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Global warming has made India’s heatwave 100 times more likely

Global warming has made India's heatwave 100 times more likely

May 20, 2022: According to the latest study published by the U.K’s national weather service, the blistering heatwave in northwest India and Pakistan was made more than 100 times because of human-caused climate change.

The extreme temperatures, starting in March, have set records in the region and forced millions of people to change how they work and live. India experienced its high-level March temperatures and third-highest April temperatures in 122 years, and Pakistan has gone through its hottest April on record.

The U.K. Met Office study estimated how climate change increased the chances of such heat events, using the record-breaking heat events in April and May of 2010 as a benchmark.

According to the study, without accounting for climate change, the probability of a heat event like the one that happened in 2010 would only be expected once every 312 years. But accounting for the current effects of climate change, such temperatures are expected every 3.1 years. The study cautioned that the chances could grow to every 1.15 years by the century’s end.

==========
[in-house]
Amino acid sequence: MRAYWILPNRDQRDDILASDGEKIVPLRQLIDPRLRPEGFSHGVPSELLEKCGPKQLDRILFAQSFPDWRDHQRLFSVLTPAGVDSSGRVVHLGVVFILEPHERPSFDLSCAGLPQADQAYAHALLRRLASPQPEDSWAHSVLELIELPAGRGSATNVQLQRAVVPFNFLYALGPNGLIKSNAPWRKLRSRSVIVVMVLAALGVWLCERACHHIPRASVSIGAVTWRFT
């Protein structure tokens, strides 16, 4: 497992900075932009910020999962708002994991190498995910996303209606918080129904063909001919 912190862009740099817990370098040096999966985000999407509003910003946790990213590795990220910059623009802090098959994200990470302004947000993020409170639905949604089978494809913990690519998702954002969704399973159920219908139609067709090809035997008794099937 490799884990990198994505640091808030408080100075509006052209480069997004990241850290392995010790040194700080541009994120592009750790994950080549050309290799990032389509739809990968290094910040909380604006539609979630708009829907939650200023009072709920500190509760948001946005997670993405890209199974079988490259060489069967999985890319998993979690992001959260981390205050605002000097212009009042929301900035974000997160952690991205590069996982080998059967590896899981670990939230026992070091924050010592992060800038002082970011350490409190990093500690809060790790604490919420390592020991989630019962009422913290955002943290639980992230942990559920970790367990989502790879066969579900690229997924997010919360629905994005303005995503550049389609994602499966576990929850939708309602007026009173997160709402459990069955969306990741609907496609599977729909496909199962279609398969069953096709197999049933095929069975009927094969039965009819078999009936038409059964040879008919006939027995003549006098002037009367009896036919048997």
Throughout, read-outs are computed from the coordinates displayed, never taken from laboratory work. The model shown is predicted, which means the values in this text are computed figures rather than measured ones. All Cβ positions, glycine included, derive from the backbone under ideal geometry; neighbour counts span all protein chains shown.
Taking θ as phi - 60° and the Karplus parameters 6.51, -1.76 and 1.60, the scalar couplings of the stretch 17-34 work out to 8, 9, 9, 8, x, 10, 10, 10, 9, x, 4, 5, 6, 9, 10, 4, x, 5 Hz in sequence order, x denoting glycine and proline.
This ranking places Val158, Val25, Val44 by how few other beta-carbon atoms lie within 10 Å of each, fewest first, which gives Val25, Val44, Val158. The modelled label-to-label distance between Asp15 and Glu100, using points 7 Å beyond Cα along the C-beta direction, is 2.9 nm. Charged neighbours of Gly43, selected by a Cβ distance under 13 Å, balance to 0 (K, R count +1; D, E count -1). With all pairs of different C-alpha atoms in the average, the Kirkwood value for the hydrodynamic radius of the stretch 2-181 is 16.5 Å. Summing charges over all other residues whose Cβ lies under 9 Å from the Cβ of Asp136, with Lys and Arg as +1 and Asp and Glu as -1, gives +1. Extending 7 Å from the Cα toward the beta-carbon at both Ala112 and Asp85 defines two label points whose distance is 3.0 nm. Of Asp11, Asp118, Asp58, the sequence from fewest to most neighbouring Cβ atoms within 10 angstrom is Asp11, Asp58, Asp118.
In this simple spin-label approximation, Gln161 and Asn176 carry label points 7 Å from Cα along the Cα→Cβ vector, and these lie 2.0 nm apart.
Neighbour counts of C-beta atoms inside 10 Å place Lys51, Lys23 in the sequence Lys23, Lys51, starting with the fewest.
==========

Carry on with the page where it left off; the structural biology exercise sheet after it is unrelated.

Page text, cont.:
“Spells of heat have always been a feature of the region’s pre-monsoon climate during April and May,” said Nikos Christidis, the investigation’s lead researcher. “Although, our study shows that climate change is driving the heat intensity of these spells.”

In India, the average maximum temperature in April was 35.30 degrees Celsius, or just after 35.42 degrees Celsius in 2010 and 35.32 degrees Celsius in 2016, according to the Indian government.

In March, the average maximum temperature was 33.10 degrees Celsius, the highest middle maximum in the ex 122 years and barely higher than the prior record seen in March 2010.

Temperatures reach well above average this month. In recent days, temperatures in India have reached 50 degrees Celsius, while parts of Pakistan reached 51 degrees Celsius on the previous Sunday.

Since then, the heatwave has eased, but maximum temperatures are likely to achieve 50 degrees Celsius again in a rare areas, Paul Hutcheon of the Met Office’s Global Guidance Unit.

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Global warming has made India’s heatwave 100 times more likely